Expert Comment: How science made the “three-person” baby possible

Family silhouette

Stock image via iStock

By Jennifer Lu | Bond LSC
A new in-vitro fertilization technique that uses genetic material from three persons made the news last week following the announcement of the successful birth of a now five-month-old baby boy. The process allowed the mother, who had a rare mitochondrial disease known as Leigh Syndrome, to have a child without passing her faulty mitochondrial genes.  The nucleus from the mother’s egg was inserted into a prepared donor egg that had healthy mitochondria to make a cybrid, or cytoplasmic hybrid, egg that was then fertilized.

We asked Mark Hannink, Bond LSC scientist and professor of biochemistry, who studies oxidative stress in mitochondria, what this all means.

This is not the first “three-person” baby. Why is this technique new?

It’s another way of getting a healthy mitochondrial genome into the baby.

You have to bring together three parts: nuclear DNA from the mom, nuclear DNA from the dad, and mitochondrial DNA from the donor. The question is whether you bring together the mitochondrial DNA from the donor and the nuclear DNA from the mom first, and then add the DNA from the father.  The other way is making the diploid nucleus first (combining the mother and father’s DNA,) and then putting that into the donor.

Wait, so we have two types of DNA in our cells?

Way way early in evolution, a bacteria got together with a cell that had a nucleus, and they decided to cooperate. Over time, many of the genes that were originally in that bacteria’s genome moved to the nuclear genome. But some of them haven’t. The mitochondrial genome in humans has some 37 genes. But the mitochondria itself has about 1000 different proteins so those other proteins are encoded by the nuclear genome. Together, those proteins work together to form healthy mitochondria that, among other important jobs, provide energy for the cell.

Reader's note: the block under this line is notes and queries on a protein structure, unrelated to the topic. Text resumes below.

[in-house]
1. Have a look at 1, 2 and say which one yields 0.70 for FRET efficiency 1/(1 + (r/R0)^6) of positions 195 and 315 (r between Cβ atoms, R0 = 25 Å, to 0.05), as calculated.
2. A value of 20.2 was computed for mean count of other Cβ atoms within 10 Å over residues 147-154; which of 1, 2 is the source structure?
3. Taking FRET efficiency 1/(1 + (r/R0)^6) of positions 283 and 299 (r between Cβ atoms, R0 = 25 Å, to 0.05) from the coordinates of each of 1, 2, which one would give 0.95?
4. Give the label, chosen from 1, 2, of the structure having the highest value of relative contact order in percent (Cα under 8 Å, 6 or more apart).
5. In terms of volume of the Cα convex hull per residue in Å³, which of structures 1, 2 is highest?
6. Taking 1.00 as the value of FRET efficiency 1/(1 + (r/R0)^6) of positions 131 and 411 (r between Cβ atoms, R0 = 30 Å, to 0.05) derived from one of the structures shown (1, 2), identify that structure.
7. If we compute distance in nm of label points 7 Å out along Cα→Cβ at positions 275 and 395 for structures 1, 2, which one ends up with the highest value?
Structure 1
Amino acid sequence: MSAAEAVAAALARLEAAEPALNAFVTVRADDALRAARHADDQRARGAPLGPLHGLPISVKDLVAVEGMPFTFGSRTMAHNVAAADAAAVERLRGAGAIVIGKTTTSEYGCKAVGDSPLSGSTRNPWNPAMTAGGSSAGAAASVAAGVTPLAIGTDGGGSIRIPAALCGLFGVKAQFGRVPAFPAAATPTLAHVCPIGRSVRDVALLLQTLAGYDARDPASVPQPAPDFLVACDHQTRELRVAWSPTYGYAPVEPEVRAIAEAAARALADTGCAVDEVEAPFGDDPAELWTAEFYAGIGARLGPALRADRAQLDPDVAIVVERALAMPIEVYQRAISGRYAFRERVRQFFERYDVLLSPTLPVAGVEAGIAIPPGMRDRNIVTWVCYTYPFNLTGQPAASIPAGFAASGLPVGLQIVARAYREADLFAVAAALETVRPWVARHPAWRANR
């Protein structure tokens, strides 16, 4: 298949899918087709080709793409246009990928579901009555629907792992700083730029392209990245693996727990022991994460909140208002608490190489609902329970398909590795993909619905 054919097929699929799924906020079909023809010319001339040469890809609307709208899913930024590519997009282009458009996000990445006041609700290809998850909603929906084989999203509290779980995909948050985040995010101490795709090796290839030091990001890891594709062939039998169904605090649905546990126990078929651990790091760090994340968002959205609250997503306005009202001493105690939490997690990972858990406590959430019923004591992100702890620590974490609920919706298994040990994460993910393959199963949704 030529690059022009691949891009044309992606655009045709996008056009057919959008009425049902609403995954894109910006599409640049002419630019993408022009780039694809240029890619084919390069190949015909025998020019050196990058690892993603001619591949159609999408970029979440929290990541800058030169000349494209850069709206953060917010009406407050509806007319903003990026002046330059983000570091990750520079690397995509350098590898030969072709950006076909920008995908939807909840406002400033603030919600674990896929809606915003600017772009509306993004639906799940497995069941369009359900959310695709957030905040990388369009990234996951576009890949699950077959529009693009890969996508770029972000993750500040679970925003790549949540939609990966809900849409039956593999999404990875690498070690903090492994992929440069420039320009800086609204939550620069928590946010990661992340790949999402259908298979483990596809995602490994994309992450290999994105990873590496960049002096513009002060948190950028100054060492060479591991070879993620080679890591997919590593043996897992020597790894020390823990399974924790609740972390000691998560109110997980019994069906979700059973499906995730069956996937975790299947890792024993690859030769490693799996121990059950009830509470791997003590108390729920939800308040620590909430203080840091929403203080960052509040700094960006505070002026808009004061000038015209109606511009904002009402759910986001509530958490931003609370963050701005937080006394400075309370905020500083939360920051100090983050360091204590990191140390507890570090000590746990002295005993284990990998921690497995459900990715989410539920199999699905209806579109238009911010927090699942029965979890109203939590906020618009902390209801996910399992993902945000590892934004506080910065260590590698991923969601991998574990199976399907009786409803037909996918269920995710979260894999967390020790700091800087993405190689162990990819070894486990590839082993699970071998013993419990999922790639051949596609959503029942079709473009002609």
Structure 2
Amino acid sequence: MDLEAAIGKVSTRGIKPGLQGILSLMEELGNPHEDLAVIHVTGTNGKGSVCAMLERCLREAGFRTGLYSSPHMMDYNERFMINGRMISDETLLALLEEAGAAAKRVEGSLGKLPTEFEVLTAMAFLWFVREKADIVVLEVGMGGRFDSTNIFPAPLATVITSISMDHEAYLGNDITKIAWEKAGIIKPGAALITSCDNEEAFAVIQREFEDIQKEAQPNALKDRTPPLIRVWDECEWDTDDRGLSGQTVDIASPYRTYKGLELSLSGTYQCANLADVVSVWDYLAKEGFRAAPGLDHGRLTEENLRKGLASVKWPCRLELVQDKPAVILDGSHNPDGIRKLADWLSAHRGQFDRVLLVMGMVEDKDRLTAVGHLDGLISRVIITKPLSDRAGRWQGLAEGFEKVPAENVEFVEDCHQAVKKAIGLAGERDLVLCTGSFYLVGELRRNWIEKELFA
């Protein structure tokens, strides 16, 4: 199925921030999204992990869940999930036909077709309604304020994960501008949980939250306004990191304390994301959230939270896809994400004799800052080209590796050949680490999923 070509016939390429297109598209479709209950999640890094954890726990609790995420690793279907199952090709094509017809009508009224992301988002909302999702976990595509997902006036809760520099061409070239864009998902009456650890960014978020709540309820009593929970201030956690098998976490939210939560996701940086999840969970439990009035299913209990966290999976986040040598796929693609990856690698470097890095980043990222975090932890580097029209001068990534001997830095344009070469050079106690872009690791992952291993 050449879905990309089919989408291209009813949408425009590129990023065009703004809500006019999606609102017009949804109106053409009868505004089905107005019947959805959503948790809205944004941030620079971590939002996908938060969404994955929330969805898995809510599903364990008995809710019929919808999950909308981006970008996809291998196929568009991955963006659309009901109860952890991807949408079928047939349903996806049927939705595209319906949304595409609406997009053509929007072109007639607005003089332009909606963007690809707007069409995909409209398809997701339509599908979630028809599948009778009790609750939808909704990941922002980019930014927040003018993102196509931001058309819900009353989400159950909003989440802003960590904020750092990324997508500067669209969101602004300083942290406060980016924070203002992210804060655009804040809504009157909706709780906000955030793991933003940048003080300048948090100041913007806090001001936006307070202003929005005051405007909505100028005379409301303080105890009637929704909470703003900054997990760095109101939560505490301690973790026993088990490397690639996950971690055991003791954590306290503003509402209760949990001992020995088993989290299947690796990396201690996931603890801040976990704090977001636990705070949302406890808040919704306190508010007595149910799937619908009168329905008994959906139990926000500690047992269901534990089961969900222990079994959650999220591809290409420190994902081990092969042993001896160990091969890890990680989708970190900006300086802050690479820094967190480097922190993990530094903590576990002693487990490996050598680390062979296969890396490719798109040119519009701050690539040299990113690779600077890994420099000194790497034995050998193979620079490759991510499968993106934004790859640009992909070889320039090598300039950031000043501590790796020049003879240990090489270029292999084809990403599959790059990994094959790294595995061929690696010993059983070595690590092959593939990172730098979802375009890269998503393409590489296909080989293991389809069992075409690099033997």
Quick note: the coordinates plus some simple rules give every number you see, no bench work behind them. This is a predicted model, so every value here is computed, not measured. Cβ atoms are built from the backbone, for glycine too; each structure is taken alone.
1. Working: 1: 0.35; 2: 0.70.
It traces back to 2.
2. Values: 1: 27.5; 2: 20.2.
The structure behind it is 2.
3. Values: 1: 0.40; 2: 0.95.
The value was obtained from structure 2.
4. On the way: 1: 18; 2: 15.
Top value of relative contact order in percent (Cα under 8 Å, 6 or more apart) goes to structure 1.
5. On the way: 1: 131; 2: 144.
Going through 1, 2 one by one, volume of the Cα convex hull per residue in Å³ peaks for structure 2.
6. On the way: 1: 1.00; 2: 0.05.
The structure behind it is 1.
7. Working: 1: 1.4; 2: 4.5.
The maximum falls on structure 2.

What makes this procedure controversial?

Any time you manipulate the sperm and the egg, there is a chance that you will generate subtle alterations which result in defects in the child during development or after it’s born. Even in vitro fertilization, which has been shown to be effective and works, has a higher rate of diseases associated with it.

Now you’re doing a whole set of complicated manipulations before you get to IVF….You take out the existing nucleus from the donor. You put in the nuclear genome from the mother. And you hope that it all comes back together and then you do the IVF…. Any time you do a manipulation like that, you may cause subtle mistakes that you’re not aware of.

Then there’s the other concern. The mitochondrial proteins encoded by the nuclear genomes and the mitochondrial proteins encoded by the mitochondrial genomes  have to work together to form functional mitochondria that make energy, regulate signaling, regulate calcium, regulate nerve transmission and cell survival.

Your nuclear genes have been interacting with your mitochondrial genes throughout your entire natural lineage, so they’ve coevolved to work together. If, let’s say, there’s a minor mistake made in one of the nuclear genes that encodes a mitochondrial protein in your grandma, you might still get selected for a compensatory mutation in the mitochondrial genome that would still allow a functional mitochondria to be made….But the nuclear genome of one person may not be compatible with the mitochondrial genome of another person even though that mitochondrial genome is normal and works just fine in the context of that person’s nuclear genome. But there’s no way to know that in advance. So you may end up with a healthy baby, or you may end up with a baby in which the nuclear genome and the mitochondrial genome are not compatible.

An enzymatic future

Inter-departmental MU team aims to improve enzyme use and recovery for spectrum of industrial, medical and military applications

By Phillip Sitter | Bond LSC

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A mostly-finished cylindrical bio-reactor site sits in a 3D printer after the printing has stopped. With a 3D printer in-house, Chung-Ho Lin said that the inter-departmental team he is part of can generate four or five different prototypes a day to test in their bio-reactor model, instead of having to order from different fabrication companies. A basic printer like this used to cost $8,000, but within the last year prices dropped to only about $1,000. Lin is a research assistant professor at MU’s Center for Agroforestry, and the team and project are coordinated by Hsinyeh Hsieh, a veterinary pathobiology research scientist in George Stewart’s Bond LSC lab, where the team also does most of its work. | Phillip Sitter, Bond LSC